Finally, the DGJ plays a key role in relation to treaties, which are by definition international, both during the negotiation and signature process and during the approval procedure by the various Parliaments.
The Directorate General for Multilateral Affairs and Globalisation (DGM) is responsible for promoting and defending Belgium's foreign policy on multilateral issues and the European Union's Common Foreign and Security Policy (CFSP). It is responsible for issues such as human rights, disarmament and non-proliferation, and environment and climate, among other things.
The DGM is also responsible for maintaining the coherence of Belgium's multilateral policy through consultation with other federal bodies, the regions and communities and civil society organisations.
The central government is supported by a worldwide, distributed diplomatic network of 118 posts. In 2020, Belgium has:
8 permanent representations to international organisations
Moreover, Belgium has more than 300 honorary consulates, spread all over the world.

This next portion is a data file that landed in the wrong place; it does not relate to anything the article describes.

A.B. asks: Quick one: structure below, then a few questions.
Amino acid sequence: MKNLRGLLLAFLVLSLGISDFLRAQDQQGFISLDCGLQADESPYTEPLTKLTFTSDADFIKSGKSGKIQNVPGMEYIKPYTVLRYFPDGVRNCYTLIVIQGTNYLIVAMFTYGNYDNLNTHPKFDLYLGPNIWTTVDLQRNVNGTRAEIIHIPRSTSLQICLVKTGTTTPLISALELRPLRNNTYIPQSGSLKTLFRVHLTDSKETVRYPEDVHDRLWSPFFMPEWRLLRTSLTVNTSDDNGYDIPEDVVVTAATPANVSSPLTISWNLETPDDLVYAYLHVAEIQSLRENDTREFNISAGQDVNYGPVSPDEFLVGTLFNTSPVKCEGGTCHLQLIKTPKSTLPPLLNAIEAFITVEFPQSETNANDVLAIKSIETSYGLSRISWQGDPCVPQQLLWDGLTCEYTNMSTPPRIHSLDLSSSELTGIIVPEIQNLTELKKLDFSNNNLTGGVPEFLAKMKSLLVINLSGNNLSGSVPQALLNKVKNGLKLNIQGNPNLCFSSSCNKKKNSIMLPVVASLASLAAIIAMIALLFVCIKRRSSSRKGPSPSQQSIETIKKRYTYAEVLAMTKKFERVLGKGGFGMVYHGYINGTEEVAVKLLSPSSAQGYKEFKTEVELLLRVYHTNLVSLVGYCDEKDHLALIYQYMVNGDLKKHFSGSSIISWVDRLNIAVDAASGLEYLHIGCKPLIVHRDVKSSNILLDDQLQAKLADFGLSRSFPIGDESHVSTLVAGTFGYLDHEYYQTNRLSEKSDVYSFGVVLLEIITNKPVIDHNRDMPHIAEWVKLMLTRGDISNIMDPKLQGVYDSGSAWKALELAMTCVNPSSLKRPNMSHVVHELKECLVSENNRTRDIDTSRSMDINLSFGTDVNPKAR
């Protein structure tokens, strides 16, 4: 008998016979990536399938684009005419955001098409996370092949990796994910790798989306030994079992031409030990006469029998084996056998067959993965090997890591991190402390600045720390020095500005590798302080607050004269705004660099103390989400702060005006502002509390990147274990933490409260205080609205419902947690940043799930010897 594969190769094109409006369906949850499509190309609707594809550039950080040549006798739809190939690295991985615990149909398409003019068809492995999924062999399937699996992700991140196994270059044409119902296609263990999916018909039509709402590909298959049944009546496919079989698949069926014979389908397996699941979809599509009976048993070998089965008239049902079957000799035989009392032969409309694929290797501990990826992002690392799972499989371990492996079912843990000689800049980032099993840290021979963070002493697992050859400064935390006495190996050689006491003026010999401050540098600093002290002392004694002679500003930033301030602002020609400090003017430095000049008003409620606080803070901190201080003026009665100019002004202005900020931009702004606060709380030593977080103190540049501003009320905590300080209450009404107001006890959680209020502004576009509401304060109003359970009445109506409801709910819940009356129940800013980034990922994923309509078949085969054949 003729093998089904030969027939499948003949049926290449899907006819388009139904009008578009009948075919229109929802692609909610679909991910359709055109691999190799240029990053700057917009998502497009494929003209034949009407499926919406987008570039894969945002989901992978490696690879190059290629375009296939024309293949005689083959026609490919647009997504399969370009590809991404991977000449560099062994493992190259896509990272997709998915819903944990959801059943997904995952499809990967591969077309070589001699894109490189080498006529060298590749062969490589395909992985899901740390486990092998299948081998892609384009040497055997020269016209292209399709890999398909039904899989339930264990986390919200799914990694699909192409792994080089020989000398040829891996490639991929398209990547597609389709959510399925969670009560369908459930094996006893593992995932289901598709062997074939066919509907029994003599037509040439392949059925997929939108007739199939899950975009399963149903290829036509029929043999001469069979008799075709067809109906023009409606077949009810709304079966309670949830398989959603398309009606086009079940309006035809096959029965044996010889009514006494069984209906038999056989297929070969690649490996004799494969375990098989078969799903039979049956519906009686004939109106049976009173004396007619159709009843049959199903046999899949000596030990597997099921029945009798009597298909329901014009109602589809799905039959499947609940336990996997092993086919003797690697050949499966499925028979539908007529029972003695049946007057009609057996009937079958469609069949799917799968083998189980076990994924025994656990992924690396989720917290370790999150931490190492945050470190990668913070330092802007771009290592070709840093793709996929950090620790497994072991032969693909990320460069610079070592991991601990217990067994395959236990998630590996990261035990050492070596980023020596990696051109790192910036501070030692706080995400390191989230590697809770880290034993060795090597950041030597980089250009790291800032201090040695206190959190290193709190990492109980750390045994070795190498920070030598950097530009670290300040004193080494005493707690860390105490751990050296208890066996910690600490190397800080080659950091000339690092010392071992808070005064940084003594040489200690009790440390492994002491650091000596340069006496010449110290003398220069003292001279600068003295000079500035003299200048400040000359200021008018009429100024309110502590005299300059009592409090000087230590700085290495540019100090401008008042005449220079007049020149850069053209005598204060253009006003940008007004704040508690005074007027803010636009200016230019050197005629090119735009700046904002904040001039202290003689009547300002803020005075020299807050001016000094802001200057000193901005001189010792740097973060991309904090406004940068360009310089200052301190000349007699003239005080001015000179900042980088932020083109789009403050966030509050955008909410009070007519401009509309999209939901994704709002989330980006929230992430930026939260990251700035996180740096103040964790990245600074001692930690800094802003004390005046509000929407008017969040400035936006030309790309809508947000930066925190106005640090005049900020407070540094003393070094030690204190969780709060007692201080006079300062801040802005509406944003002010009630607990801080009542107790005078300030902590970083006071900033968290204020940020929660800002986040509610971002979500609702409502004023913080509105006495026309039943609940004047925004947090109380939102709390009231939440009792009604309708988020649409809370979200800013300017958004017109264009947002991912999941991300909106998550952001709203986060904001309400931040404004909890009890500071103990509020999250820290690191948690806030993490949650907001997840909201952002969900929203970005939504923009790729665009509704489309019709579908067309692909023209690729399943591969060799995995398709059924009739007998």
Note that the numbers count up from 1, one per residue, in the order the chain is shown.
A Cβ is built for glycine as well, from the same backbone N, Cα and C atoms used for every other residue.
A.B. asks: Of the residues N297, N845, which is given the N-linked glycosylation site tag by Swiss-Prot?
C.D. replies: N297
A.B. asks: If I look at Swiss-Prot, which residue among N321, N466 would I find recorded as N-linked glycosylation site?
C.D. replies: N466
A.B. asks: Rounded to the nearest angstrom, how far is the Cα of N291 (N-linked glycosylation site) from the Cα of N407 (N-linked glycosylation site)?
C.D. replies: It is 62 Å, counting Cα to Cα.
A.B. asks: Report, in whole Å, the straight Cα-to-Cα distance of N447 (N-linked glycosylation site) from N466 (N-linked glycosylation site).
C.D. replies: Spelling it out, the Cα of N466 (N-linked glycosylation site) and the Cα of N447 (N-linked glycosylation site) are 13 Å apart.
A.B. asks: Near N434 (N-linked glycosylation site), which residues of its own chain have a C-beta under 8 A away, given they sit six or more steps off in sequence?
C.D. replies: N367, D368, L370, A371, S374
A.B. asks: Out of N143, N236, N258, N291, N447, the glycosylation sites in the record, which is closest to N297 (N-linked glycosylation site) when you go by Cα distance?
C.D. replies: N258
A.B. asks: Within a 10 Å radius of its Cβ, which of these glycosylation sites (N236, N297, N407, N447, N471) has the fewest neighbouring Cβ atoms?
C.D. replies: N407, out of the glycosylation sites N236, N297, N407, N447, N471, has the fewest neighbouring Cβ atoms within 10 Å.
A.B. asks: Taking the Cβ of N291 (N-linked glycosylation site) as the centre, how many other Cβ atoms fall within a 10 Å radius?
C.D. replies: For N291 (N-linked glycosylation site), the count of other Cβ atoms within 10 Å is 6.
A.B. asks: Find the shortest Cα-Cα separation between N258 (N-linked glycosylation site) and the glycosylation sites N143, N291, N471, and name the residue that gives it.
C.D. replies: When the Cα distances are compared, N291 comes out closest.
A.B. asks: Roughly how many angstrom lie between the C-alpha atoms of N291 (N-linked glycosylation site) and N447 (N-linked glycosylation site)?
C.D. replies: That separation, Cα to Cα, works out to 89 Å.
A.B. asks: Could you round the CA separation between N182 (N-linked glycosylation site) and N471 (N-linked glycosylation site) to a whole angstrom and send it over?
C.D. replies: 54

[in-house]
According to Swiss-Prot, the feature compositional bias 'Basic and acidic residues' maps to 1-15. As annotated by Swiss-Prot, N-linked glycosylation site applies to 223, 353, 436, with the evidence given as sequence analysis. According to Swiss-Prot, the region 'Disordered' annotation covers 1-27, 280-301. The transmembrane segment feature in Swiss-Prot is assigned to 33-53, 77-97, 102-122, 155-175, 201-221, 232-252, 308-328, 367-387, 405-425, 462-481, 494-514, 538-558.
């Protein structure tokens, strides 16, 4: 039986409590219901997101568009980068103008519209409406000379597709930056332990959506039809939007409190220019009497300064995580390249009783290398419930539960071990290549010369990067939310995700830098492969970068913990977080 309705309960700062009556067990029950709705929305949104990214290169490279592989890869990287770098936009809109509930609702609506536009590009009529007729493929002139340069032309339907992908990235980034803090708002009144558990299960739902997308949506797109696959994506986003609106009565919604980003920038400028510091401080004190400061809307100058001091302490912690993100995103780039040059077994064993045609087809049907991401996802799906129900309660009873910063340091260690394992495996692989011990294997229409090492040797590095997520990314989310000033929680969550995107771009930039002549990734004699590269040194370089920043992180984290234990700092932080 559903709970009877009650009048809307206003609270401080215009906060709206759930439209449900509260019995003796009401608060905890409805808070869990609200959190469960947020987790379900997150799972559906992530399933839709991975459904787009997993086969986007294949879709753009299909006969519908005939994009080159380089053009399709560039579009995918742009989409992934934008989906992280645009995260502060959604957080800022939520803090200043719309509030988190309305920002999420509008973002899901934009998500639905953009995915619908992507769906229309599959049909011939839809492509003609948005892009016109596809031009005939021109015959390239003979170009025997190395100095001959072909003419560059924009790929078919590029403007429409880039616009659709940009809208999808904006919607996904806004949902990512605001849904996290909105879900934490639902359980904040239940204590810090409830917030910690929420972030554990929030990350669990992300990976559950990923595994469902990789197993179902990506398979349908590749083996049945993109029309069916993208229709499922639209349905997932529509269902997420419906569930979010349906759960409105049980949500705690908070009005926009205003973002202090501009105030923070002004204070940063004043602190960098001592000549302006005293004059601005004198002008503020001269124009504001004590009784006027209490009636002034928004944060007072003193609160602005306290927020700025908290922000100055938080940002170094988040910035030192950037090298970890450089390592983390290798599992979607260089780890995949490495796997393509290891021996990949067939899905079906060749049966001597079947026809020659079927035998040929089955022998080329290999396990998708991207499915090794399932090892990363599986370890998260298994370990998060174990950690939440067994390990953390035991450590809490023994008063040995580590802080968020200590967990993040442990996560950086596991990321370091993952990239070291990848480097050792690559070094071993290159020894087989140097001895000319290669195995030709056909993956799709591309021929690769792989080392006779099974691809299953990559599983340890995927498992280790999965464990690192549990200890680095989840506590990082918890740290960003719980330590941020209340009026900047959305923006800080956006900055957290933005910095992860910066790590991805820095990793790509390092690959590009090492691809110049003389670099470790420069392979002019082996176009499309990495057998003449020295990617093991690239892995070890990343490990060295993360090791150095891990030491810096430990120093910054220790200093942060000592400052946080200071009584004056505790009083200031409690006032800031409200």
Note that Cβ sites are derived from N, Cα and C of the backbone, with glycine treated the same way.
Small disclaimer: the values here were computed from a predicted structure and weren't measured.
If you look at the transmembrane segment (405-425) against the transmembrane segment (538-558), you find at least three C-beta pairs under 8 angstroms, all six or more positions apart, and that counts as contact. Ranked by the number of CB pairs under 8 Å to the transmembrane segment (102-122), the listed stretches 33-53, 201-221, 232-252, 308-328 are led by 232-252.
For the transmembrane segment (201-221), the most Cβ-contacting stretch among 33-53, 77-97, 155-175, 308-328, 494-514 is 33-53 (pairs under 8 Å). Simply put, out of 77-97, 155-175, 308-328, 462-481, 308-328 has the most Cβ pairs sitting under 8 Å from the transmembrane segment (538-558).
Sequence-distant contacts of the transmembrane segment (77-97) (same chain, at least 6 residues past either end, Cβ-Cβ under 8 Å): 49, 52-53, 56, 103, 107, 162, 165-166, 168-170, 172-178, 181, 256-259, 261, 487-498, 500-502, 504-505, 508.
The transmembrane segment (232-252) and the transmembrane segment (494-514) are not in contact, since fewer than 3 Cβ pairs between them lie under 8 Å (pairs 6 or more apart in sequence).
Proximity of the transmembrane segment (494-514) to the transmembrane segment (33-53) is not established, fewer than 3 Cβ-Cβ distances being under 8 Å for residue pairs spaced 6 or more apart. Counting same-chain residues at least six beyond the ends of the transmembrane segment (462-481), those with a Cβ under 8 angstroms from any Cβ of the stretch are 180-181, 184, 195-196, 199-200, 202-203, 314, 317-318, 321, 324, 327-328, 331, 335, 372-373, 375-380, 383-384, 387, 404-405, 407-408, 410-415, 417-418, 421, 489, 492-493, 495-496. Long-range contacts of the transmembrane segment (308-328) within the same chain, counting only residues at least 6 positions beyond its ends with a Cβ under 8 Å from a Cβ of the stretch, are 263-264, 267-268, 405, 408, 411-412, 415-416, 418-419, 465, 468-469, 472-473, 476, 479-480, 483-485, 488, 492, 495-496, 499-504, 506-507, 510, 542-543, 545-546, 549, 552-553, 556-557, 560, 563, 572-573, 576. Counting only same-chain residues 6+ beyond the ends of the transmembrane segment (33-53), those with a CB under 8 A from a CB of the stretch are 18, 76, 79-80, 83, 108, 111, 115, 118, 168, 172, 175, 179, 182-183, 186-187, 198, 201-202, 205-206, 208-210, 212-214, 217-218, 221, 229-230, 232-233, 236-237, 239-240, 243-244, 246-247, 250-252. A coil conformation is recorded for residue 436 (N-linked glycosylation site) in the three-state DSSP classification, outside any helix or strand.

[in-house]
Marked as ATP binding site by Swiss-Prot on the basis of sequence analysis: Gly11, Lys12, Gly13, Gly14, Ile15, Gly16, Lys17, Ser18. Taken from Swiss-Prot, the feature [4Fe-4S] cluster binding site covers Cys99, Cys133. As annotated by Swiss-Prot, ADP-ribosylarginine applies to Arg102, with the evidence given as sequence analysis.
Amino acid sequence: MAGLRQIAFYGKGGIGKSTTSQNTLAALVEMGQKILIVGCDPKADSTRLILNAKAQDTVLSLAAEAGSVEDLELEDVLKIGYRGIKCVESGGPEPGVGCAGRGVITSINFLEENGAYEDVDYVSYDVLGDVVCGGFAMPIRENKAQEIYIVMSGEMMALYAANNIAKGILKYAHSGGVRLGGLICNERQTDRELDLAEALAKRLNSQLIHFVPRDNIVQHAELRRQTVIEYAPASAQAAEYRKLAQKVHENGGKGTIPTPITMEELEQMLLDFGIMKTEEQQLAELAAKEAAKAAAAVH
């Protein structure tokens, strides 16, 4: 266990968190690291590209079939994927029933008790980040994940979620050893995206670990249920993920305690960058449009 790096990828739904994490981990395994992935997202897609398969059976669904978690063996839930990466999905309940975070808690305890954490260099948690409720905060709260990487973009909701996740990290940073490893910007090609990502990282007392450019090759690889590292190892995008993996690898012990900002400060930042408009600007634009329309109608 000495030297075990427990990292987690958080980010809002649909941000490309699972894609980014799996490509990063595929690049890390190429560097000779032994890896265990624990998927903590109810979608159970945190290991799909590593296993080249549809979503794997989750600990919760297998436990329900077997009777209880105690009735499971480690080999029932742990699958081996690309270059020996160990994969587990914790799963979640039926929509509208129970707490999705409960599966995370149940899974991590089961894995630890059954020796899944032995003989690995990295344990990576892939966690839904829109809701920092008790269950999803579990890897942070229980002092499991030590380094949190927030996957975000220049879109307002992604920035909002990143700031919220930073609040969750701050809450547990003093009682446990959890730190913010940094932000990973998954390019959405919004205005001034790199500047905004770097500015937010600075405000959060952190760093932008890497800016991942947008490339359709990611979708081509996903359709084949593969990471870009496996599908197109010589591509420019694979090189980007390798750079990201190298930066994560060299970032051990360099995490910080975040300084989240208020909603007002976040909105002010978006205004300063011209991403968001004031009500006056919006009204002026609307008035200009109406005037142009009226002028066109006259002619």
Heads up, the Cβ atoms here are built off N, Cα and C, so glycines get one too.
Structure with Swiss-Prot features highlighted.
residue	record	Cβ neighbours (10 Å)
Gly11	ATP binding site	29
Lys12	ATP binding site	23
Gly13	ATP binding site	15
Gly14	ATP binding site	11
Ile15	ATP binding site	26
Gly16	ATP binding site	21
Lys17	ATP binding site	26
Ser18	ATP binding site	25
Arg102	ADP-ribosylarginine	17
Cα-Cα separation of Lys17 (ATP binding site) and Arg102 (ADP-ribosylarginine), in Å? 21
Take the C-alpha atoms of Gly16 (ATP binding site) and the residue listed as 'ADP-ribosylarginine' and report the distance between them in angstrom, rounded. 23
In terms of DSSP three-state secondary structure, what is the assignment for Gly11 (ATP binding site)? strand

In June 2020, the FPS Foreign Affairs, Foreign Trade and Development Cooperation employed 2,909 people. Of these, about 40% are staff at the central government and 60% are staff at the posts (expatriate agents on foreign career paths, expatriate contractors and locally recruited contractors). 50 FPS staff members are in the 'special situation' category, due to secondment to an international institution or leave on assignment.
Consular services are an essential part of the FPS' activities. Central management and the network of posts come first when Belgians are involved in a crisis or accident abroad. To this end, the FPS provides Belgian citizens with travel advice to prepare and organise their trip. The online tool Travellers Online allows Belgians to register in order to be more easily accessible in the event of local problems. This enables the FPS to provide information and assistance to travellers.[iv]
Furthermore, the consular services in Brussels and the consular posts abroad act as a public service and are responsible, for example, for issuing Belgian identity cards or passports, processing visa applications or legalising official documents.